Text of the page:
So that friend I mentioned in my Burda Young 6799 Hoodie Jacket post? She asked me to make her a pair of pants to go with her navy blue/lilac purple jacket too.
Awesome! My home sewer heart loves getting more requests, and after sifting through my online pattern archive she chose the tapered ankle-length pants design in this McCall’s pattern collection with just the belt loops in a navy blue fabric.
No problem! Let’s get to my process sewing these pants…
Here is the toile I made to practice constructing this garment before grading the pattern for my friend’s measurements. This is actually the SECOND one I made; the first one ended up being too small for me. I was confused at first because I followed the finished measurement information printed on the pattern paper and chose the size accordingly. But after my second attempt was successful, I figured that the pleated high waist element was where the shift in measurements happened. The fit in that area is meant to be close-fitting so if you’re making this pattern, make a muslin toile first in 1-2 pattern sizes up so you figure the right fit before sewing it for real.
LEARN FROM MY MISTAKE, lol.
Anyway so besides my fitting issues, this was a simple garment to construct with pretty clear instructions to follow. I had no real trouble sewing the pants together. On that note, I used my practicing opportunities to figure out HOW to construct these pants effectively so that they’ll stay strong and durable. The fabric I chose for my friend’s pants had a denim/upholstery quality to them and it frayed very easily. Fraying fabric is a personal pet peeve of mine; I hate seeing hanging threads and it also decreases the garment’s durability over time too. Practicing this pattern design 3 times ended up being a good thing because I experimented with different seam finishes to see which ones would be best for constructing the pants.
In the end, I decided on combining the straight and overedge stitches overall for adding strength with a double stitch and locking in the raw edges to slow down the fraying. However, the crotch seam I finished with a flat felled seam so that it will stay flat, and for the waistband facing I stitched 1/4″ from the raw edge then tucked that under and stitched it again to lock it inside the garment.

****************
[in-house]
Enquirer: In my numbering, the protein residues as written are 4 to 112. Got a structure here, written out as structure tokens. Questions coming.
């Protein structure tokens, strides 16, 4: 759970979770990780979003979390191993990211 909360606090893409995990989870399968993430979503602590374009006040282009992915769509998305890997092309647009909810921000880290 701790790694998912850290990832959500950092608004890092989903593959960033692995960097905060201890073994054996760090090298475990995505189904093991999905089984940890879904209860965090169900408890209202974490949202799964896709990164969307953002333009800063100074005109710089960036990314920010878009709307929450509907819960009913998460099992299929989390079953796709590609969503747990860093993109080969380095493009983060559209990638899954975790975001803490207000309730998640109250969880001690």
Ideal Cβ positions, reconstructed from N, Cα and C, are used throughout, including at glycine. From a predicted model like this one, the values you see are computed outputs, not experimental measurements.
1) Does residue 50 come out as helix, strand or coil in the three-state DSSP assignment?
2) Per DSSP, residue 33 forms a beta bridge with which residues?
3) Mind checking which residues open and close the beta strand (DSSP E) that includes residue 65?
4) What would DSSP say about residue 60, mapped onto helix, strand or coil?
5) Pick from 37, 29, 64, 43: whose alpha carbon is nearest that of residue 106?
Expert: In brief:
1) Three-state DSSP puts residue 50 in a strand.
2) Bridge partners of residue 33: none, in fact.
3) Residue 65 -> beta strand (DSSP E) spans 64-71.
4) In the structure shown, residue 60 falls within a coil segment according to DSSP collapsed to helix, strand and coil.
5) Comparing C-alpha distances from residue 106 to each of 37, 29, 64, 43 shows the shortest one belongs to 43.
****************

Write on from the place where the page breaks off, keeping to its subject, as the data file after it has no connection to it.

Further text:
Anyway, remember when I said I practiced this pattern 3 times before making my friend’s pants? Here is the 3rd time:
During this project I found 2 yards of this pretty white/blue pinstripe fabric that I just COULDN’T leave behind. I had enough to make myself the wide-leg shorts design in this pattern pack (A) and what can I say, Summer is coming and I wanted to treat myself. 🙂
This one went smoothly as well. I even had enough left over to make the sash meant for the pants because I wanted to use up as much of the fabric as I could to reduce waste and why not have a matching sash for your shorts if you’re able to? One thing I will add is that the pleating method for this design is the opposite of the tapered pants; this time the pleats are made BEFORE turning the waistband under so it has less of a paper bag effect. Still looks great, just letting you know ahead of time. 🙂
Now that I’ve sewed this pattern pack 3 times, I now had the confidence to make my friend’s navy blue, tapered ankle-length pants. Here is the end result:
Check out my stamp of approval up there, lol.
Overall I and my friend were happy how these pants turned out. They fit her just right and the construction worked out pretty well. One thing I must say is that I got confused where to position the front right & left pieces while making it and ended up sewing them on the wrong sides.
Readers, I freaked the Hell out thinking I ruined these pants and I would have to start over. But after taking a breath, I realized that the front left & right pieces were the same shape but just with different markings on the zipper flap for constructing the covered zipper placket. All I needed to do was switch the markings and continue on as if this horrible moment never happened.
So just to let all of you know when you’re putting the pants together per the instructions, the front left piece goes on the LEFT and the front right piece goes on the RIGHT.
LEARN FROM MY MISTAKES, Part 2. 🙂
For this project I used a combination of tailor-tacking and these metallic permanent markers I was inspired to buy for making the necessary marks to put these pants together. The pleats in particular needed to be marked through tailor-tacking so I could see where to fold & sew without using anything that would streak the fabric like chalk would. Inside I used the metallic markers gingerly so I could see them without being too intrusive and that actually worked out well too. Sometimes I need a mark that doesn’t rub off easily like chalk does and sticks around after much wrangling during the construction process without showing on the outside. I’ll definitely use these metallic permanent markers again for any middle-heavyweight projects like denim in the future.
So this McCall’s pants pattern gets a thumbs up for me. I like how simple the instructions are to sew these pants/shorts together and it has all the sizes in one pack so you only have to buy one of those.
Until my next post, Happy Sewing everyone! 🙂